It is two years since Hezbollah commander Imad Mughniyah was assassinated in Damascus, and as it is assumed that Israel was responsible, Nasrallah has been seeking retaliation.  Several attempts have been stymied.

At the same time, Hezbollah “has been preparing for a conventional fight against Israel by stockpiling weapons in the south in violation of UN Security Council resolutions.

“…To complement its upgraded arsenal, Hezbollah recently spelled out a new, more aggressive military posture toward Israel.

“Since the 2006 war, rumors have persisted that the group would cross the border and ‘take the fighting to Israel’ in the next conflict. During his February 16, speech, Nasrallah offered a new vision of strategic parity with Israel, if not an advanced conception of the organization’s longstanding ‘balance of terror’ strategy…

“Deriding Israel’s Iron Dome missile defense system as a ‘science fiction movie,’ Nasrallah upped the ante by pledging to go toe-to-toe with Israel in the next campaign…
“…If Hezbollah succeeds in avenging Mughniyah by striking an Israeli target – whether on the border or abroad – it could set off another round of fighting similar to that of 2006. This time, however, other actors could well enter the fray. If one takes Damascus at its word, Syria may decide to participate in the next Israeli-Hezbollah war, a development that could spark a region-wide conflagration.

“At the moment, Hezbollah may be keeping its powder dry on orders from Teheran, in anticipation of an Israeli strike against Iranian nuclear facilities. Still, avenging Mughniyah is a key priority for the group, and its success or failure in meeting this goal could be the difference between the current status quo and a regional war.”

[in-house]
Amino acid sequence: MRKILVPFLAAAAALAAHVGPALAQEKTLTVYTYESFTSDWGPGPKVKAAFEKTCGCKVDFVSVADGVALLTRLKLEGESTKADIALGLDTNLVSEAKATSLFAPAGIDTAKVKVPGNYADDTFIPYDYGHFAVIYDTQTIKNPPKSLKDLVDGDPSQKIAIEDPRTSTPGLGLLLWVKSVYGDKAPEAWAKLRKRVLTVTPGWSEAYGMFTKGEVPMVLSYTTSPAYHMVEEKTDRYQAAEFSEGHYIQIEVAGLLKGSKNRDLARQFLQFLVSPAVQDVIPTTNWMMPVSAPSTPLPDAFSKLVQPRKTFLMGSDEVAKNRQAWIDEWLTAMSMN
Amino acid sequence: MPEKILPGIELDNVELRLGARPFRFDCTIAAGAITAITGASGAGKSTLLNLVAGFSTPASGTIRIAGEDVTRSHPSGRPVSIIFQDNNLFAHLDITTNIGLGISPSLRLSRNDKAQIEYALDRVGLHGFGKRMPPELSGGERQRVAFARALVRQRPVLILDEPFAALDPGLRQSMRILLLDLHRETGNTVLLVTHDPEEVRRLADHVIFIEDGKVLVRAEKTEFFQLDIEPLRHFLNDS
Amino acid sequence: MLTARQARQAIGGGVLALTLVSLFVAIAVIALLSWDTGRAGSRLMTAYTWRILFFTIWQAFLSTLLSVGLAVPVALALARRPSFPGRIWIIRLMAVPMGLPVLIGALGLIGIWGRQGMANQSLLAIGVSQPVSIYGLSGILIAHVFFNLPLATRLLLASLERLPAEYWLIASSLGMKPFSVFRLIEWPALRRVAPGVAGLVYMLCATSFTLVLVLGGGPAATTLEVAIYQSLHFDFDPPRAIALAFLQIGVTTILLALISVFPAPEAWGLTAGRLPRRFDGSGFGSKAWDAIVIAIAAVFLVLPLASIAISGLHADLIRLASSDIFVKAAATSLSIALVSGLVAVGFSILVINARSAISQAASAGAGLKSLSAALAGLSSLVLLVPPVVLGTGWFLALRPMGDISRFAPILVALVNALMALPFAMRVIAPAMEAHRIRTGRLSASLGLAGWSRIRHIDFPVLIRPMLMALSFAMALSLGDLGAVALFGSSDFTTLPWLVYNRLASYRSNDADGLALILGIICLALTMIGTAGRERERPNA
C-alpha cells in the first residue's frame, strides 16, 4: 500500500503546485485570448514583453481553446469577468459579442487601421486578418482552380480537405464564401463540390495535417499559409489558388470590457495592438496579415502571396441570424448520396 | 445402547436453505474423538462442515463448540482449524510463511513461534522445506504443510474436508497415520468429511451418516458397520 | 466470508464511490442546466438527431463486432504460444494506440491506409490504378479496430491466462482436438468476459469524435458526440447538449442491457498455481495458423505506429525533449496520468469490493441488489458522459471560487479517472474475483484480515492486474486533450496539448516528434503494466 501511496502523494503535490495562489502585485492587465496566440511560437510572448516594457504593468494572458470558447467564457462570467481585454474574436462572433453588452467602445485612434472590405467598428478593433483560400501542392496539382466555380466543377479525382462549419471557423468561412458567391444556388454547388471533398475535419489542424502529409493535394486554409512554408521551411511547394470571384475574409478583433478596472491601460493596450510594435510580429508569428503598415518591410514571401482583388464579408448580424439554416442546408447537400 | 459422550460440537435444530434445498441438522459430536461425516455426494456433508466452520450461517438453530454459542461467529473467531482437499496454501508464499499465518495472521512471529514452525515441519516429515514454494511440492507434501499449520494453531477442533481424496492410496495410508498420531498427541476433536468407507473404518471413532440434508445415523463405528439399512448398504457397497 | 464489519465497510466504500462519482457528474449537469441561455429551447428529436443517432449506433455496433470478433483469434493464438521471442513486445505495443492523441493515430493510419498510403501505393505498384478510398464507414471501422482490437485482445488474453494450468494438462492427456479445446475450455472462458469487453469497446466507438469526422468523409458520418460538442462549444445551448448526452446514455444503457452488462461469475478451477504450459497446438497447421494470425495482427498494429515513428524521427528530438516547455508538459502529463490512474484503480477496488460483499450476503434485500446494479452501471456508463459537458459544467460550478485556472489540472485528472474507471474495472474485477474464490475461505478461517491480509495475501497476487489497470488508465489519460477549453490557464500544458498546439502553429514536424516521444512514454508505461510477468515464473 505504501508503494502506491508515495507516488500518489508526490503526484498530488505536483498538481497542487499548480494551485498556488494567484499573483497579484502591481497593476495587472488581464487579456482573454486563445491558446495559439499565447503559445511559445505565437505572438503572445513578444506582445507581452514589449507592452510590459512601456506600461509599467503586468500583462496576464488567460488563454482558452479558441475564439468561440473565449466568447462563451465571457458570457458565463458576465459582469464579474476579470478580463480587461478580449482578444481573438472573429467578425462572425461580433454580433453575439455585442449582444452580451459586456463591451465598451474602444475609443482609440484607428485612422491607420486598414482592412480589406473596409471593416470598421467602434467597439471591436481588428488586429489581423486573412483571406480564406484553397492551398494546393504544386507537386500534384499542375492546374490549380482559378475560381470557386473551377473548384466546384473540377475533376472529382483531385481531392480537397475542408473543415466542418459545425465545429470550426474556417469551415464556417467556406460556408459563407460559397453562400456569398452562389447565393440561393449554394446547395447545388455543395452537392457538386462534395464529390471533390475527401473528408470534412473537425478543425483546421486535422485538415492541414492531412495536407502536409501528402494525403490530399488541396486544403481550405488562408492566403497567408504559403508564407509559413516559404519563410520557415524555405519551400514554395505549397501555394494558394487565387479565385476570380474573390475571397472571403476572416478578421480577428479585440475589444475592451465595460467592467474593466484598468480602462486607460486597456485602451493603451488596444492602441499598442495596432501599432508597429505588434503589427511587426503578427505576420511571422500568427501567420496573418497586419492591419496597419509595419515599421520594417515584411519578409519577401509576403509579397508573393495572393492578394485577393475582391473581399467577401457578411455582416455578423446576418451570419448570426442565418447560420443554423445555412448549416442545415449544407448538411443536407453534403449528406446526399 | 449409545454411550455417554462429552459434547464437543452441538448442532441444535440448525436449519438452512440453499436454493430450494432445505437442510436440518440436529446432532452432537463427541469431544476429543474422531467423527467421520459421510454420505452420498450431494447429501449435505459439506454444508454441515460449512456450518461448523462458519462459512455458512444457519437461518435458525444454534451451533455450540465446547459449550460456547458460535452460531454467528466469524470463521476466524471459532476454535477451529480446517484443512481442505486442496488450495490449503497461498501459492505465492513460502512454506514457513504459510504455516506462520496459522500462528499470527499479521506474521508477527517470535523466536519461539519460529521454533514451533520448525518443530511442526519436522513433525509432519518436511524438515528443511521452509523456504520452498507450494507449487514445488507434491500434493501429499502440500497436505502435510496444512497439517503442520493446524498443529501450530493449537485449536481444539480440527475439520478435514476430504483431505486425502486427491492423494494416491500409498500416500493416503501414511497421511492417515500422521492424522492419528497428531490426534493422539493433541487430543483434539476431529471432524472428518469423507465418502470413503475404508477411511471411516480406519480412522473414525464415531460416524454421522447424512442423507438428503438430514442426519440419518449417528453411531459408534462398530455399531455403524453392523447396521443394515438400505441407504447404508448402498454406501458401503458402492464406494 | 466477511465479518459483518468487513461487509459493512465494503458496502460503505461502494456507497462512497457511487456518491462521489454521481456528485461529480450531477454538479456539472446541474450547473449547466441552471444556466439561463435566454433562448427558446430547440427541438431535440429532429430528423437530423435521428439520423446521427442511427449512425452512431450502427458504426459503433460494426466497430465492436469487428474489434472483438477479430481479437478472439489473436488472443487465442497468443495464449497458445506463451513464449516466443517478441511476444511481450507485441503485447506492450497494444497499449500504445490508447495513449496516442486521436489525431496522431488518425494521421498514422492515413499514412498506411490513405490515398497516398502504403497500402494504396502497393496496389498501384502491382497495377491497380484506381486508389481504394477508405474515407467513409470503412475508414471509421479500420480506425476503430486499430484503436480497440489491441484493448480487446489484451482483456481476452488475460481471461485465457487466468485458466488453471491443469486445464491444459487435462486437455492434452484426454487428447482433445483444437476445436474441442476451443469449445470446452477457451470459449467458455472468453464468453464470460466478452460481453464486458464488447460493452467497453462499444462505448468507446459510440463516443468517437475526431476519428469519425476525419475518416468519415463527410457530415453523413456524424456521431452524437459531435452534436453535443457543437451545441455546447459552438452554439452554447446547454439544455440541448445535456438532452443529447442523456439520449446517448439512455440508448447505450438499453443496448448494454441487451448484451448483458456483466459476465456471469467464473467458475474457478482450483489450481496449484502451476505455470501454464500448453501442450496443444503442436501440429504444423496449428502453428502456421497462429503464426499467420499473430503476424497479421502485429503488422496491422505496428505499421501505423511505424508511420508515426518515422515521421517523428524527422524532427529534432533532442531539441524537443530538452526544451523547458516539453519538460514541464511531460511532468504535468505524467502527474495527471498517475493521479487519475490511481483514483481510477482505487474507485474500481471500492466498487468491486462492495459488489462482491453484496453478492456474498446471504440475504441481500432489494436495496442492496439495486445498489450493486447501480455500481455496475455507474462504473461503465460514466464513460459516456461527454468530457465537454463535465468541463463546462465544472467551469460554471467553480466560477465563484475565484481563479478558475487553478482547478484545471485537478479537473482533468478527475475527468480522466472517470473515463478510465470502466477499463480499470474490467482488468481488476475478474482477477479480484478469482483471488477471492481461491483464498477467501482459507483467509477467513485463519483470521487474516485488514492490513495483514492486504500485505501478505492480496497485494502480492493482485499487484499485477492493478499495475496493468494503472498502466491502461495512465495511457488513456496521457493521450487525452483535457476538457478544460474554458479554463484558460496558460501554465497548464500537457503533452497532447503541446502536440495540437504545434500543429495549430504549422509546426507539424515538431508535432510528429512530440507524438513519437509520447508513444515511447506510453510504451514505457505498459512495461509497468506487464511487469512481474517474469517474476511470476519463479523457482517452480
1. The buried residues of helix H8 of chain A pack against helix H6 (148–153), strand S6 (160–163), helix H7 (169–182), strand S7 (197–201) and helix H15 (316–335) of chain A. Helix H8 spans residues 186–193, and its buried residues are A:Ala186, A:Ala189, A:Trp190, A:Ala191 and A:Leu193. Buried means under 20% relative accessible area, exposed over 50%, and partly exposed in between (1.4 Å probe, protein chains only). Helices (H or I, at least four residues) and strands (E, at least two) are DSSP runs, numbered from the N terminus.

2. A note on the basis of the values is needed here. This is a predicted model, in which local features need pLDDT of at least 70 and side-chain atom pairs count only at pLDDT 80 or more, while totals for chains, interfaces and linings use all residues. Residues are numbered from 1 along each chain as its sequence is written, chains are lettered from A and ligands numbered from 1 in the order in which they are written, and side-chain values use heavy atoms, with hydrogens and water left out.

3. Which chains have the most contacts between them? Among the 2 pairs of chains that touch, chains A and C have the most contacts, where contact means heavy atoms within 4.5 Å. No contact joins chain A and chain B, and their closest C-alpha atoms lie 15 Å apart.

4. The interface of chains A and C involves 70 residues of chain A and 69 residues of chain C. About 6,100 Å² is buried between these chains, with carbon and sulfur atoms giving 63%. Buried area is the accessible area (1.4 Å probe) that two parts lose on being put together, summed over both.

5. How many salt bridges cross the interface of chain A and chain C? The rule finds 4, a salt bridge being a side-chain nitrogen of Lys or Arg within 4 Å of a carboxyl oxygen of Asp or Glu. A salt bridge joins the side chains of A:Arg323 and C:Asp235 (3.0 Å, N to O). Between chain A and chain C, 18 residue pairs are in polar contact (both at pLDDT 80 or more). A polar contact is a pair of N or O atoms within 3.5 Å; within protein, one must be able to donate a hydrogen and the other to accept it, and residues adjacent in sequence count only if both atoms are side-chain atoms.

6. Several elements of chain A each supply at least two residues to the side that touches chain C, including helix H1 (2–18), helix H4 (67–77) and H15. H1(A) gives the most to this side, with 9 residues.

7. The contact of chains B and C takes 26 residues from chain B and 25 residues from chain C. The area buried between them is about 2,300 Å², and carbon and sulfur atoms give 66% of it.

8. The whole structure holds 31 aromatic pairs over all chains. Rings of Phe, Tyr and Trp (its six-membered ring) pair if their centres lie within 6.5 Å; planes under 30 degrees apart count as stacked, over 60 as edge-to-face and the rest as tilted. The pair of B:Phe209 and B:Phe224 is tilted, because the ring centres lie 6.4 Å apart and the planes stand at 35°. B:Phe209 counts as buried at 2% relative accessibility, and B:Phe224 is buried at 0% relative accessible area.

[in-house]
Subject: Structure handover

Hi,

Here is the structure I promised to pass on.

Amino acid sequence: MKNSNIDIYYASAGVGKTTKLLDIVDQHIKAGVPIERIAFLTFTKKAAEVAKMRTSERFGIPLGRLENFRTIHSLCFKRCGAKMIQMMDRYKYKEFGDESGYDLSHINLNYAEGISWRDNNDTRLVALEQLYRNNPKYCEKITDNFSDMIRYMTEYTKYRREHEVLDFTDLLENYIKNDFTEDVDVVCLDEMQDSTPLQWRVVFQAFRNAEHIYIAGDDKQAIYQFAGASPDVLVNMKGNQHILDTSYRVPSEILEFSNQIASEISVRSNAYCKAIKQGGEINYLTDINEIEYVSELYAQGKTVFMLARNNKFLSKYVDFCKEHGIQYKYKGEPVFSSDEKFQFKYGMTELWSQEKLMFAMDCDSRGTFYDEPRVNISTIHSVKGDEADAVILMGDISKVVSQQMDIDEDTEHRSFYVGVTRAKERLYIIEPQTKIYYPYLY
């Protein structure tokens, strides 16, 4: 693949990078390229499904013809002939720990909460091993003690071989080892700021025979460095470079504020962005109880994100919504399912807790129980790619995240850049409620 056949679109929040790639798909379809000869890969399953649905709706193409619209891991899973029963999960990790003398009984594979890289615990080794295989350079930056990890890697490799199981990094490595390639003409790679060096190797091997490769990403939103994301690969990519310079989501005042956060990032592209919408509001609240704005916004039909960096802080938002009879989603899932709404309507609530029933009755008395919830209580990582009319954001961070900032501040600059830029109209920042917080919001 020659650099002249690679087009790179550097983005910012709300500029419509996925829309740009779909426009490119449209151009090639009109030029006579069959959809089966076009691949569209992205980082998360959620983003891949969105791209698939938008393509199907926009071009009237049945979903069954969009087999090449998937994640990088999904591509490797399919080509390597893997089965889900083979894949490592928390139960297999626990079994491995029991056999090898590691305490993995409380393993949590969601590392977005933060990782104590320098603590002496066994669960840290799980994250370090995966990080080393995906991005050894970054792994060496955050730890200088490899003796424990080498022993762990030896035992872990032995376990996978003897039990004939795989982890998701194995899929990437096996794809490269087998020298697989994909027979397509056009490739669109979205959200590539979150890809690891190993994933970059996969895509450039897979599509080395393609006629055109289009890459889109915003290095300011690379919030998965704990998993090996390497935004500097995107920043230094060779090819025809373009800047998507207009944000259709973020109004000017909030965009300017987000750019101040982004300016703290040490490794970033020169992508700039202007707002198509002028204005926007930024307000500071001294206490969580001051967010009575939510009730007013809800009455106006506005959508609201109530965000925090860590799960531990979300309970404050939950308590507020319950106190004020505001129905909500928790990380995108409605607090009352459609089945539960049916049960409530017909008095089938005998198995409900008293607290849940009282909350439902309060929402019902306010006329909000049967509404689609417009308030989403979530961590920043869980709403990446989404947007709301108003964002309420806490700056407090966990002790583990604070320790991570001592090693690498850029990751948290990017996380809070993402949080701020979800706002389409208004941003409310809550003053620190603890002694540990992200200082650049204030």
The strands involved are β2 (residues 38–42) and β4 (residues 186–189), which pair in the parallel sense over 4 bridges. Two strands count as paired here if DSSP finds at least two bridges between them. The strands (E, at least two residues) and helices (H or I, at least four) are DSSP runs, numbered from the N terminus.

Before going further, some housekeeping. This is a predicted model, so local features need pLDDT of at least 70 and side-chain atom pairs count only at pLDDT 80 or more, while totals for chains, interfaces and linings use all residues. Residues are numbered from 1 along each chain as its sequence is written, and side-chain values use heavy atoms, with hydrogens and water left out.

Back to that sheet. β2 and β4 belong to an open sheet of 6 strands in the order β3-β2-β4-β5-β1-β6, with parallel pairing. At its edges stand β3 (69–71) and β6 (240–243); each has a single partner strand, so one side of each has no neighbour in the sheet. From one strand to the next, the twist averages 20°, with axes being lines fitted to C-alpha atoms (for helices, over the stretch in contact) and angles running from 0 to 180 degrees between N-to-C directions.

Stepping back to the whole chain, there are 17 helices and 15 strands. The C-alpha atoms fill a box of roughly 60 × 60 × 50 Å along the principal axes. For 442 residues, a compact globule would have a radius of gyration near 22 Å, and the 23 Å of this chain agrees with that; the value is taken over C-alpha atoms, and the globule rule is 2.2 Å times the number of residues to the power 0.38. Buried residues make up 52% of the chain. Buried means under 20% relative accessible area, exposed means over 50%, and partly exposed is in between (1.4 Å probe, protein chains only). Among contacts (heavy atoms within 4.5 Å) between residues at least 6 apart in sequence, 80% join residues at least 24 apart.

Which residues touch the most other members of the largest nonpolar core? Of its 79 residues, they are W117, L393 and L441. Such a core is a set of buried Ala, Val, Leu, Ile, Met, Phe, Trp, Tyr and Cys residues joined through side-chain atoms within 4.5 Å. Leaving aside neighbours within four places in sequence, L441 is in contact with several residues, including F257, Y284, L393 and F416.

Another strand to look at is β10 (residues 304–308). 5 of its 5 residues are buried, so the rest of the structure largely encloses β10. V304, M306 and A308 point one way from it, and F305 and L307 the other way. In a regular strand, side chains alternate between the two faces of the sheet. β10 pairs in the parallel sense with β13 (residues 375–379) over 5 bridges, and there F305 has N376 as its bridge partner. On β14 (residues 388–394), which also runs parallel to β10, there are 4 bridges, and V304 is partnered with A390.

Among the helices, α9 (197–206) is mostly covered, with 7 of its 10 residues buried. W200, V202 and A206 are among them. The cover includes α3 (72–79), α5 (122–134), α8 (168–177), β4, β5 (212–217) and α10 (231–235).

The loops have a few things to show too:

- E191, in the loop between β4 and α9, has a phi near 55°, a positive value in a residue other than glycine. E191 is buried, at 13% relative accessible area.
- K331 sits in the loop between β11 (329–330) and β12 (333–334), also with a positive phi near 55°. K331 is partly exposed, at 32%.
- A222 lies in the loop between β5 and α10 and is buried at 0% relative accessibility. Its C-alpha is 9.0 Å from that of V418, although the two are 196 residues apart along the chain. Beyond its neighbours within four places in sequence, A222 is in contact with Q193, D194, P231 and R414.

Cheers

Please, my American friends, I ask you to contact your representatives in Congress. 

Tell them that the United States, whether it opts to be or not, is a player on the world stage, and that what the US does now can have enormous ramifications in the Middle East.  Explain — briefly and succinctly — that a tough American stance is what is desperately needed now.  That attempts to be “friendly” are viewed only as weakness by Muslim and Arab governments, and that this perception of a weak America emboldens the terrorist axis and those who are the enemies of peace and freedom.

By fax (which is best) or e-mail, also provide them with the URL for the Spyer article, which explains it all very potently:



For your Congresspersons: 



For your Senators: 



“The Good News Corner”

Israel is advanced in the field of medical clowning. There are several programs here for training people to clown for hospital patients — especially for sick kids.  These programs are designed for the therapeutic effect the clowning has on the patients, which can be quite remarkable.  Here we have a delightful video about one such program:


From journalist Matthew Kalman (with thanks to Bunny S.), an article about Israel as eco-pioneer:

“It grows food in sand, powers homes from the sun and this year launches the world’s finest city-wide electric car system. So how has war-torn Israel become such an eco-pioneer?

“By the end of this year the world’s first all-electric car network will be up and running in one of the most unlikely settings. The cars built by Renault-Nissan need a network of re-charging points and battery changing stations and these are being set up in Denmark, Hawaii, California, Canada and Australia.

“But the first place to host a national electric car network will be one that has almost permanently been at war with its neighbors since its inception. This is Israel, which invented the original technology and is home to Better Place, the company that came up with the idea.

“’Israel will be the first country in the world with this new technology. Jerusalem will be the first city,’ says Better Place boss Shai Agassi, who recently unveiled Israel’s first car charging points.”

For the entire article:   http://express.lineone.net/features/view/152662

I’ve been writing about the Machpelah (Cave of the Patriarchs) and Hevron.  Here I provide a more detailed history and explanation of the significance to the Jewish people of the Machpelah, written by David Wilder, who is a Hevron spokesman.  His article is entitled “Past the Seventh Step.” I mentioned recently that for 700 years, when the Machpelah was under Muslim Mamaluk control, non-Muslims (both Jews and Christians) were not allowed into the edifice.  In point of fact, they weren’t allowed past the seventh step leading to it, and it was from there that many pious Jews prayed over the years.  Thank Heaven, we’ve moved way past that now: